President Barack Obama's announcement on Wednesday that his administration has allocated $5 billion in medical research grants through the Recovery Act is welcome news not only for scientists, but for the American and global populations that will benefit from the breakthroughs and discoveries this investment will inevitably bring about.
It was especially heartening to hear President Obama specifically mention HIV/AIDS in his speech, and to see that the White House statement about the research grants lists HIV/AIDS research as an area that will receive some of the funds. Given the size, scope, and challenges of the epidemic in the United States and abroad, this funding will give a much-needed boost to the federal government's flagging investment in AIDS research.
At amfAR, The Foundation for AIDS Research, we have long understood that the end of the AIDS epidemic will come only through research.
Time and again we have seen our investments in AIDS research pay off with the development and testing of prevention interventions and the discovery of powerful new treatments for people living with HIV. For example, it was through research that we were able to nearly eradicate mother-to-child HIV transmission in most developed nations. In the developing world, we continue to fall short in making this available to all pregnant women, but nearly half of all pregnant women in need now receive the medications, up from only 15% just a few short years ago.
The news last week that an HIV vaccine candidate showed moderate efficacy in a clinical trial in Thailand represents an important step forward in prevention research. We and other HIV/AIDS research advocates hope that the information generated by the study can be used to inform the development of a vaccine that will one day be capable of preventing the further spread of HIV infection. But we still have a long way to go.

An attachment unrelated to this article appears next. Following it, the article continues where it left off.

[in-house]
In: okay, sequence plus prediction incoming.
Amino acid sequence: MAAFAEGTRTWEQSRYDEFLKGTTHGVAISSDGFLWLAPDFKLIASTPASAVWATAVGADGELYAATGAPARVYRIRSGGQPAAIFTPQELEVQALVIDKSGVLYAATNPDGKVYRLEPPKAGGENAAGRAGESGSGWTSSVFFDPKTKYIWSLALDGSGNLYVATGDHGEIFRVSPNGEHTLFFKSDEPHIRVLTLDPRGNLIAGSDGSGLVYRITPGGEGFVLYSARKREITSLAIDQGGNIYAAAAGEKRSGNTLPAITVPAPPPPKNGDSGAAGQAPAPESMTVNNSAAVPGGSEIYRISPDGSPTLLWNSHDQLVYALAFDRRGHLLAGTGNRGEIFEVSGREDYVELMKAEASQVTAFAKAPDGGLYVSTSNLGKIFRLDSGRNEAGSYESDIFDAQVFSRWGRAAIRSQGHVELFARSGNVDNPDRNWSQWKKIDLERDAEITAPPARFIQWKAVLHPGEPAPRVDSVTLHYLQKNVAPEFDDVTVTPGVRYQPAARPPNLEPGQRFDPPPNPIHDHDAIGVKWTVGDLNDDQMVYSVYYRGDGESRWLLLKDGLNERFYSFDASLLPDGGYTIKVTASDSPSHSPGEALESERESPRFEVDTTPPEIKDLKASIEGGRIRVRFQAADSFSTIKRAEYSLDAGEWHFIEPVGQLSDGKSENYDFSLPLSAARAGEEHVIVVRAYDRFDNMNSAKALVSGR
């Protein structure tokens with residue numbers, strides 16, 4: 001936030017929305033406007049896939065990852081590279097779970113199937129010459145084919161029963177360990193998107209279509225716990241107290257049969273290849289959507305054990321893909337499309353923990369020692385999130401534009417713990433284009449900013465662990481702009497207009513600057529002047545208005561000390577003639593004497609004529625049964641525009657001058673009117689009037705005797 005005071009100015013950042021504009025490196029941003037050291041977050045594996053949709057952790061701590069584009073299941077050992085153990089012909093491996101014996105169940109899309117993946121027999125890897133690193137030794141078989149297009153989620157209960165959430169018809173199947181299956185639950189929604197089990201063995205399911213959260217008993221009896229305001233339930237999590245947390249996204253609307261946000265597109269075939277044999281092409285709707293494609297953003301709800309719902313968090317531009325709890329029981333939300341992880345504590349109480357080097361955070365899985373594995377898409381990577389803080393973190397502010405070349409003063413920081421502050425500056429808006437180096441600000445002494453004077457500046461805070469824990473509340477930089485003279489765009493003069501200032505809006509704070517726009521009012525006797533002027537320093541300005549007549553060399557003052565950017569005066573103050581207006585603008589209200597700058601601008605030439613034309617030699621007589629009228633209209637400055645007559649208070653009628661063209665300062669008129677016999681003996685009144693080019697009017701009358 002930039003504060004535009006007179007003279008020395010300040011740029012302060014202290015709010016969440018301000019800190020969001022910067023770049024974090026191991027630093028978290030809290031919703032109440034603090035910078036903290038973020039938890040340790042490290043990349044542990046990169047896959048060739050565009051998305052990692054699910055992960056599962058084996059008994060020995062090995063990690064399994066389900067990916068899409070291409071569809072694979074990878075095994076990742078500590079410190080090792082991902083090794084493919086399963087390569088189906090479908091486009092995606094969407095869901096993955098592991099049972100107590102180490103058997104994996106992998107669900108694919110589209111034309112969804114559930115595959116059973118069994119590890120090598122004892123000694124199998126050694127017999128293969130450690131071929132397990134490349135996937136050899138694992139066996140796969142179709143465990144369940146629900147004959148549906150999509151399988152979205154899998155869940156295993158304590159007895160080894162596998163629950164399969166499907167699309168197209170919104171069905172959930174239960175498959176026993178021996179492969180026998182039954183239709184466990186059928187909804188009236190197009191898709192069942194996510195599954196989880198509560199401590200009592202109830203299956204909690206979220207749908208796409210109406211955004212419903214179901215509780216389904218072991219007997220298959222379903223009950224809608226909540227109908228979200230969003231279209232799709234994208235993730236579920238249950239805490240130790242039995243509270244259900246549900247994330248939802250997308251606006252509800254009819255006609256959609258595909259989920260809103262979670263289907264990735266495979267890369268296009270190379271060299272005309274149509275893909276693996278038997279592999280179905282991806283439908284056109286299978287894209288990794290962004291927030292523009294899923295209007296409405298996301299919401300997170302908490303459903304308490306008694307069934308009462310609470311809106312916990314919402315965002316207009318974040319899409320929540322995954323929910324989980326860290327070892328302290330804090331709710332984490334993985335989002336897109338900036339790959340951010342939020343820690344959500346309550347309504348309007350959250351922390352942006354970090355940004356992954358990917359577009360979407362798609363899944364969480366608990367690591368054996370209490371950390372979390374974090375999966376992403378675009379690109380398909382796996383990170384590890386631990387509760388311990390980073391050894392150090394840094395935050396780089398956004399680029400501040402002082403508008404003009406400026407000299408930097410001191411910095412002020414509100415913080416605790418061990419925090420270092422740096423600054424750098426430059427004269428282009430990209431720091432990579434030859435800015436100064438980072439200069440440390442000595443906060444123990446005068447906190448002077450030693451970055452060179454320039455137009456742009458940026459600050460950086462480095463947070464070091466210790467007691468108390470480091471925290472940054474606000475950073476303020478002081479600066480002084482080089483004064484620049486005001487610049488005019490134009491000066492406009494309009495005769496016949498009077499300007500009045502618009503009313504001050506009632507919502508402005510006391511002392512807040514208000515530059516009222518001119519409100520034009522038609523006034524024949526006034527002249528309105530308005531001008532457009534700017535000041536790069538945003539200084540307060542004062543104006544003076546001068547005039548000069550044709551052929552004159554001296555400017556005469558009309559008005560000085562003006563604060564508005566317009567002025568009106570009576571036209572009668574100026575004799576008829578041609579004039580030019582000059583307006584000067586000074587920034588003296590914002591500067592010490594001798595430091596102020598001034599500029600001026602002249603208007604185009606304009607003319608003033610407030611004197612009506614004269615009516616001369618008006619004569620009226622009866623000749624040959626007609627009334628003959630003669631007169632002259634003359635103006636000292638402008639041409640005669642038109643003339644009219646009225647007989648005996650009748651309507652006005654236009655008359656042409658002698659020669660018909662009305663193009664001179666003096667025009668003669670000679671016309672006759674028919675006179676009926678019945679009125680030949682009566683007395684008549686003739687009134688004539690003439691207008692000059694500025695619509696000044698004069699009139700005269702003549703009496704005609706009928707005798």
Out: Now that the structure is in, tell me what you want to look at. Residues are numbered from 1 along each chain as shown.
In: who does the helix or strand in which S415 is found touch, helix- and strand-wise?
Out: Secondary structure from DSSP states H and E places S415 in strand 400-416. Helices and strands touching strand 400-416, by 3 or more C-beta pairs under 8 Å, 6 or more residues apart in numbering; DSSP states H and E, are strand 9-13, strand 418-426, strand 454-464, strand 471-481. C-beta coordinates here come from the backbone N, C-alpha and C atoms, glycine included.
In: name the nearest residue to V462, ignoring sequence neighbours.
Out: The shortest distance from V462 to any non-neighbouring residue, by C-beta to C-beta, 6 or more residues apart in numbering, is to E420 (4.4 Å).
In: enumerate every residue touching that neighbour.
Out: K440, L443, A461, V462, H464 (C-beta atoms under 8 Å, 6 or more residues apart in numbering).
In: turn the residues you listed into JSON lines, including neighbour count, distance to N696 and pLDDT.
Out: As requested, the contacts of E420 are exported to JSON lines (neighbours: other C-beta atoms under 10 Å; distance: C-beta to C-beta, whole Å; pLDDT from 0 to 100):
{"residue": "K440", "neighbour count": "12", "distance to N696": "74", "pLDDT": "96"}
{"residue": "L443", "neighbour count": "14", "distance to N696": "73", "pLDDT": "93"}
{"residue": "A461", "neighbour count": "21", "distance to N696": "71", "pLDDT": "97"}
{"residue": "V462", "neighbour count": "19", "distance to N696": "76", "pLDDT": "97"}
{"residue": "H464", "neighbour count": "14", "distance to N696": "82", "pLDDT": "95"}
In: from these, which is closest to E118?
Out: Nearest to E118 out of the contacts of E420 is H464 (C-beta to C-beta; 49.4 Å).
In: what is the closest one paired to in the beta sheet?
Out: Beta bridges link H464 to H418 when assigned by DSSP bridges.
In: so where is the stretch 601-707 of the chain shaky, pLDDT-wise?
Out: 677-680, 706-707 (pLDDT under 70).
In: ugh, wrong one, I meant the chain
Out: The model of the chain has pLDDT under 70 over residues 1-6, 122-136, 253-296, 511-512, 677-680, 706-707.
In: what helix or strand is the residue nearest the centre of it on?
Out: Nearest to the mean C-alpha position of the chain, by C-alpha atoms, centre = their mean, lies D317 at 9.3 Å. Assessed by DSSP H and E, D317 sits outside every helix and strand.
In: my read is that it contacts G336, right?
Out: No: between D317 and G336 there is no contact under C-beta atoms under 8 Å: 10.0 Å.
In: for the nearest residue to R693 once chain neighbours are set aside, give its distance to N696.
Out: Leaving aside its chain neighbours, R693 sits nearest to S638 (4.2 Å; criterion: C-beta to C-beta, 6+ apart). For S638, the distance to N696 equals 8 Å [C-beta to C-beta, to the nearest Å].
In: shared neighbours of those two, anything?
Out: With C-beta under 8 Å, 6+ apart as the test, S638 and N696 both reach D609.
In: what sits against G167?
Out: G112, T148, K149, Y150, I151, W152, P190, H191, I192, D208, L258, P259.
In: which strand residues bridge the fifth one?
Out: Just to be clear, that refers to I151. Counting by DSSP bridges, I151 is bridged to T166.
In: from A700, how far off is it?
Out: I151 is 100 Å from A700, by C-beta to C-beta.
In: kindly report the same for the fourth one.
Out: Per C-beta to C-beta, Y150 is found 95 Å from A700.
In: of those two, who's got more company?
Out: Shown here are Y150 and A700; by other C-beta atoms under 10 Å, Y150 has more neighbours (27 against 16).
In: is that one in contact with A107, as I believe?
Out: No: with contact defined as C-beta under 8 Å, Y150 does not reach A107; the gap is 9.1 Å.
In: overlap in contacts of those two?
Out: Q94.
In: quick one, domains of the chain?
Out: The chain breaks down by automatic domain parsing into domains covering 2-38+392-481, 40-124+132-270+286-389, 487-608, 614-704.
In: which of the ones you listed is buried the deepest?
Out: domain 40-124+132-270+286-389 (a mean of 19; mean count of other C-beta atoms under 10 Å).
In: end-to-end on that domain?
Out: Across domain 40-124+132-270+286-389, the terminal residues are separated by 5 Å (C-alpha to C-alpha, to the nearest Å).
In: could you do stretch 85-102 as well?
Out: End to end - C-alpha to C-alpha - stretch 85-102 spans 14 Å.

This is where President Obama's announcement about funding comes in. The National Institutes of Health (NIH), which will receive much of the grant money, has played an instrumental role in HIV/AIDS research over the years and it paid for much of the cost of the Thailand-based vaccine trial. While research organizations such as amfAR have an important role to play, an effective solution to the global AIDS epidemic is unlikely to be realized without robust and sustained leadership from the NIH -- and the necessary investment that goes with it.
According to Dr. Francis Collins, the new director of the NIH, flat funding combined with inflation has resulted in nearly a 20% loss in buying power for NIH over the past five years. In 2007, the Institutes were able to support just over one in five (21%) research proposals as opposed to nearly one in three (32%) in 2001, and funded grants are routinely cut by 10% or more. The result is numerous missed opportunities to capitalize on innovative and potentially breakthrough research proposals.
As I look back over the nearly 25 years that amfAR has been in existence and at the strides we have helped make against the AIDS epidemic through innovative research, I am thankful that the President understands that a renewed government effort to fund research will continue to change lives. And I hope that this $5 billion investment is only the beginning. Such leadership would be a lasting legacy of his administration and a model for presidents who follow.
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